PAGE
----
Maybe you will remember. Maybe you won’t. Maybe it will stick in our collective mind to serve as convenient counterpoint to how dependable let alone spectacular Rosario became, how he absorbed a defensive lesson and kept improving in all facets of his game as he grew into the superstar we all knew he was destined to be. Or maybe we’ll come to see the seemingly innocent misplay as the harbinger of how Rosario really wasn’t ready and was never going to live up to his outsize hype. Probably it was just a ground ball at the end of a first game in the majors that you wouldn’t have given much thought to beyond “damn, that sucked,” if it was any other shortstop booting any other ball. The Mets were so far out of the race in 2017, what was another loss in the middle of a losing summer anyway?

A win would have been highly preferable on what we wish to consider an auspicious occasion. A win was within reach — not only within reach of Rosario, but all of his teammates who combined to lose, 5-4, in frustrating walkoff fashion. The Mets as a whole couldn’t quite get their mitts around this game any more than Rosario could grab hold of LeMahieu’s grounder. If they had been capable of swooping up more close ones prior to the dawn of August, Amed might still be honing his craft in Las Vegas.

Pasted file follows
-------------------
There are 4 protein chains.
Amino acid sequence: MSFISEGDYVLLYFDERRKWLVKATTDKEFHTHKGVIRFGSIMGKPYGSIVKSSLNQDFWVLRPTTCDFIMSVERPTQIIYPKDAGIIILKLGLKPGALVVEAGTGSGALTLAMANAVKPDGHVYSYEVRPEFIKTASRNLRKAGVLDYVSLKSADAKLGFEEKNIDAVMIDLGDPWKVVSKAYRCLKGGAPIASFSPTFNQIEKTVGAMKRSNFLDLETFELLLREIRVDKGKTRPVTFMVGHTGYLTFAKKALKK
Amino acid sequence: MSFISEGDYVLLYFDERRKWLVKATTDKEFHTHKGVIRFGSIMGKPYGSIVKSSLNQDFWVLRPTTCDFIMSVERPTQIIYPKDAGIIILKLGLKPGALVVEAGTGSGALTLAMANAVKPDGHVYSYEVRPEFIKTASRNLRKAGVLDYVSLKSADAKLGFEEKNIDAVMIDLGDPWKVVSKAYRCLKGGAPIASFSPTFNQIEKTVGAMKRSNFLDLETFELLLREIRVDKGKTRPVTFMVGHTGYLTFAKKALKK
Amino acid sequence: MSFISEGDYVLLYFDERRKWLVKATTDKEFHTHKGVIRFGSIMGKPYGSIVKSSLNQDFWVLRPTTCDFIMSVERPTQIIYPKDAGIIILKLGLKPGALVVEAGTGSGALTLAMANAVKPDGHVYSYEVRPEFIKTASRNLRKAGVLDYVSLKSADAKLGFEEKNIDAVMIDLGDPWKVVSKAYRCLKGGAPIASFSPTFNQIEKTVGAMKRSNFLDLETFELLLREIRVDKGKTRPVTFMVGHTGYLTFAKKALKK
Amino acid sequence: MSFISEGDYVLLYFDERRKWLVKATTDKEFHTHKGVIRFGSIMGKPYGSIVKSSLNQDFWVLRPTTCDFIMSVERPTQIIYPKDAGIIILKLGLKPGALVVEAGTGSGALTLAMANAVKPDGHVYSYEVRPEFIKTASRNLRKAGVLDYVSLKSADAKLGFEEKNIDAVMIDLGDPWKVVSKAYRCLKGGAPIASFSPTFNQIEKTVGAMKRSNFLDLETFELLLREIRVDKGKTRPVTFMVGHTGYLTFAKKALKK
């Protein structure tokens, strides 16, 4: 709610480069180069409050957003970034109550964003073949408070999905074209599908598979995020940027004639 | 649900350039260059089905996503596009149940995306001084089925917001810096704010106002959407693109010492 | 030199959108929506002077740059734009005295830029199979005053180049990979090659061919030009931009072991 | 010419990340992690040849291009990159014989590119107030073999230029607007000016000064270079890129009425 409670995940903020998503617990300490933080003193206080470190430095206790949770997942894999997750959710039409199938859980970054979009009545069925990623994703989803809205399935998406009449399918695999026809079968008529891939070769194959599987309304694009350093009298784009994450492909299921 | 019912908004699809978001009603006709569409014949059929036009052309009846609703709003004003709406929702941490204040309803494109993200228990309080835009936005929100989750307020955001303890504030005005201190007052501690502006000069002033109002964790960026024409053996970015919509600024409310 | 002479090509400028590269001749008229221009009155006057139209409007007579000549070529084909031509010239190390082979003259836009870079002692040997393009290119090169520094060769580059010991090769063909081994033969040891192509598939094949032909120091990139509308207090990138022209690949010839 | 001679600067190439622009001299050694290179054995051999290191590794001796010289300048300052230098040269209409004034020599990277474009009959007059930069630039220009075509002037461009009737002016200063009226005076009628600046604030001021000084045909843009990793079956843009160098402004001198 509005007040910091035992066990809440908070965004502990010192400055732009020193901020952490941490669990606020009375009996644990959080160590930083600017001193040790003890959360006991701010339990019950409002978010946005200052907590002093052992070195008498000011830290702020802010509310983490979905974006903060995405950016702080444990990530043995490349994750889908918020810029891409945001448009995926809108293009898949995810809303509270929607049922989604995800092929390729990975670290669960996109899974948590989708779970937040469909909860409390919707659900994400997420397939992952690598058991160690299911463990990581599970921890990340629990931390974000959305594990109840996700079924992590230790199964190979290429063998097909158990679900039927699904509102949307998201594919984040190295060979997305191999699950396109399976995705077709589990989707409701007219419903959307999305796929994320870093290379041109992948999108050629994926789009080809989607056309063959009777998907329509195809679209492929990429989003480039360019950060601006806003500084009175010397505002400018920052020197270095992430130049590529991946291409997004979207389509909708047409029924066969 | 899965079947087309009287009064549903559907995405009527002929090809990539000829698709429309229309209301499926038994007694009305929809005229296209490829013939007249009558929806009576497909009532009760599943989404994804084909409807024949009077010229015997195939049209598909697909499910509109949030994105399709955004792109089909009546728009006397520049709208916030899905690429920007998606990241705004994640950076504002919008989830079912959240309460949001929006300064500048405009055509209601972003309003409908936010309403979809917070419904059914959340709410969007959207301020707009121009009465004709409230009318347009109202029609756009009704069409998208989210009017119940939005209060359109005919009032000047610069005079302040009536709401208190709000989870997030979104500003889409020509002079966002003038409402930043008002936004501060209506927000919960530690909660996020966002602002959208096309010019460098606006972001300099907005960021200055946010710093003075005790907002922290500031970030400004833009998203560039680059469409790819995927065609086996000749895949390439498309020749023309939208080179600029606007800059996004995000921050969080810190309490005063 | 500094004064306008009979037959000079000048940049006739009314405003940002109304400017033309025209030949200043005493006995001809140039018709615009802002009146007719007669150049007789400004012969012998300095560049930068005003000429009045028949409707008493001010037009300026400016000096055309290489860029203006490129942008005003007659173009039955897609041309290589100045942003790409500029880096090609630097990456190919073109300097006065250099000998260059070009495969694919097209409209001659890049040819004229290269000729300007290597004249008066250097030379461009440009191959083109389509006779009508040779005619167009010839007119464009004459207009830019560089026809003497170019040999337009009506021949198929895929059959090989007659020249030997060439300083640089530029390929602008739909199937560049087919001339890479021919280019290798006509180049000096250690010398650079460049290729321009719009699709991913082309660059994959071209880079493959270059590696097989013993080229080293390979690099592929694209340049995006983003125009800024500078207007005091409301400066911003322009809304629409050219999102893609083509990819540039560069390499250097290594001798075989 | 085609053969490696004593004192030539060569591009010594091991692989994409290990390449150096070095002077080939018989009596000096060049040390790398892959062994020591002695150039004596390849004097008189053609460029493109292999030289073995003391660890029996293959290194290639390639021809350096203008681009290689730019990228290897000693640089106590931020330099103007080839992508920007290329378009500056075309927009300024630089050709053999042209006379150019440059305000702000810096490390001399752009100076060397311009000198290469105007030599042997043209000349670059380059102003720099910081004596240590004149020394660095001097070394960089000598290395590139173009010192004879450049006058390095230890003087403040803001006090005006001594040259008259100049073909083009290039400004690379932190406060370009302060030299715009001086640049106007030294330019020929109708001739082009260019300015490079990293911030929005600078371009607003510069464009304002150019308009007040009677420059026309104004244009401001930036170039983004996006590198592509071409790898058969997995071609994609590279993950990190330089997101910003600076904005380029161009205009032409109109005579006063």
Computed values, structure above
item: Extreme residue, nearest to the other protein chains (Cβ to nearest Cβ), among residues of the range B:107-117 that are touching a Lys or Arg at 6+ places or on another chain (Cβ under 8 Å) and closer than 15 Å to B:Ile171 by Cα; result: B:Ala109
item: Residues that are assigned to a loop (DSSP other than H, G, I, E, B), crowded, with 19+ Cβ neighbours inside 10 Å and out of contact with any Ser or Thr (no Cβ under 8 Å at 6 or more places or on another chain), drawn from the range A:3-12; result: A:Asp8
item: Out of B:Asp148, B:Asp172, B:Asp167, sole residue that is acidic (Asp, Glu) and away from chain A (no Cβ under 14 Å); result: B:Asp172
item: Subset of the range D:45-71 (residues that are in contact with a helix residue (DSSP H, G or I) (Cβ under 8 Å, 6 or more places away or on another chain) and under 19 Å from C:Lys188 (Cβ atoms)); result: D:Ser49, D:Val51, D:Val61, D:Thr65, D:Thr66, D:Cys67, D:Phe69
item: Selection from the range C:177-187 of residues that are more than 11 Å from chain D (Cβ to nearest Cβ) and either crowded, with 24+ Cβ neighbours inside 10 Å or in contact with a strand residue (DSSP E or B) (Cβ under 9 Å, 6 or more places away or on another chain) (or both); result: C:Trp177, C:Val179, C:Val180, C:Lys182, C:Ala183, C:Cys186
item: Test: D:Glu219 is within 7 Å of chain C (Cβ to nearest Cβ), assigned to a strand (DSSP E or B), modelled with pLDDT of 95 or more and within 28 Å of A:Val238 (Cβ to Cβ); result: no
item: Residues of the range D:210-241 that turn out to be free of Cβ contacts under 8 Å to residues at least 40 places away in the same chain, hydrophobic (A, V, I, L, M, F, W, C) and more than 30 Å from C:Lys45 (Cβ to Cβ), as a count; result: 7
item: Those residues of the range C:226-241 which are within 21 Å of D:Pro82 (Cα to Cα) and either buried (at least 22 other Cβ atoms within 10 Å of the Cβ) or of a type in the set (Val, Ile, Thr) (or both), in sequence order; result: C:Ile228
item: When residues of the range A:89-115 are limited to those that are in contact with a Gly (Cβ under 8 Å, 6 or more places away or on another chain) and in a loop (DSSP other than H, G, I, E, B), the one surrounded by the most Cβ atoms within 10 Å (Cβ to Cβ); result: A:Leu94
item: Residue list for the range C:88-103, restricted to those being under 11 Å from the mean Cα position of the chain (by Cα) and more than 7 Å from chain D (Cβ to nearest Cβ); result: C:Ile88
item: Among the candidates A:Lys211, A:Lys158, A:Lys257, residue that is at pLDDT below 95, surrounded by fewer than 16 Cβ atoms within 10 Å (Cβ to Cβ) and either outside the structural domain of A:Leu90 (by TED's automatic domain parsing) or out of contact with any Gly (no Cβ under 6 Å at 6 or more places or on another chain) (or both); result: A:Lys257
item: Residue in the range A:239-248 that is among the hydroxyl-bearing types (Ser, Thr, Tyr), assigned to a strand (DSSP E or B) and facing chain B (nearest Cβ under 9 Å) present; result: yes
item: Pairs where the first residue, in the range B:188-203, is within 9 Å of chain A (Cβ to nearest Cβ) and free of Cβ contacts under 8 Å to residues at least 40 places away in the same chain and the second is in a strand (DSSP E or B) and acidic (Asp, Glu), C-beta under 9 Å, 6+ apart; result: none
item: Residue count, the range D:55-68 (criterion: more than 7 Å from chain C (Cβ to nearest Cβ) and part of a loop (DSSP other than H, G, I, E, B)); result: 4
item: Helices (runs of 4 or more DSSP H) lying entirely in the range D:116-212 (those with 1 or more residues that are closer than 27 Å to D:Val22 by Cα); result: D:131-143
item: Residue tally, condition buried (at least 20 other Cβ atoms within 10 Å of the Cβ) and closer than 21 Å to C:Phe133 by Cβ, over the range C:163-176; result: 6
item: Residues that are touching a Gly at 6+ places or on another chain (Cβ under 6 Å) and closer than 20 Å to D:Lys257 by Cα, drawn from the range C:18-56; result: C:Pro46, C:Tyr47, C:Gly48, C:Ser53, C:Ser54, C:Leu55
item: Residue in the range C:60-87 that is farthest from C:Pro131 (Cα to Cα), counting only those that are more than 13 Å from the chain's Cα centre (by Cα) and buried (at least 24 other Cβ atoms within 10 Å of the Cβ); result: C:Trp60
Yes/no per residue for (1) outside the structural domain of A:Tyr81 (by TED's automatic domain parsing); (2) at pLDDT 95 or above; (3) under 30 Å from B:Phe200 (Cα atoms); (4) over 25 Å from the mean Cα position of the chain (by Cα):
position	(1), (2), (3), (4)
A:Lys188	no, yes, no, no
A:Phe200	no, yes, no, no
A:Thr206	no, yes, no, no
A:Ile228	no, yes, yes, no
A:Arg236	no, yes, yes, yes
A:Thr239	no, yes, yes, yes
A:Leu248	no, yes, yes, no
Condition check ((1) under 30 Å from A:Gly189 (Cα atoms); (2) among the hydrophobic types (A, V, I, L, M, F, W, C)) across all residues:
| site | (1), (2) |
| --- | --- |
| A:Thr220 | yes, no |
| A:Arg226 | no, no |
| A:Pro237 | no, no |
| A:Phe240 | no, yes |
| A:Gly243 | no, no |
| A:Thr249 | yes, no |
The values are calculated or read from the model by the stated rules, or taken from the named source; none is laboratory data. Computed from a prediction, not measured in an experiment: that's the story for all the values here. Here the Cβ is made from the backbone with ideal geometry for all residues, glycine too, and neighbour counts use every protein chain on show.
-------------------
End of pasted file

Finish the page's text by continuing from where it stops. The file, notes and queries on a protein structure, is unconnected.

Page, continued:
Though we wouldn’t have cared for that, either. He’s here, we cheer, get used to him.

When we get our initial glimpse at one of these megatouted youngsters on whom we’ve been waiting patiently or otherwise, we are conditioned to look for the good. There was plenty of good from Rosario on Night One. The first Met born in the year 1995 (!) got to other ground balls. He was credited with one putout and seven assists. He showed a strong arm. He could have shown a quicker release on what wound up the first hit Matz gave up, in the fifth, when Steven had us believin’ that his recent troubles were disappearing into literal thin air. In his fourth at-bat, Amed beat out an infield hit and scurried to second when the throw that wasn’t going to nail him got away. One AB earlier, he’d taken a three-two pitch that was too close to lay off, but at least he didn’t betray an alleged antsiness to swing too much. In general, he looked quicker than any Met has looked this season — certainly less lethargic within the infield — and seemed no less promising than universal analysis of his prospects indicate he truly is.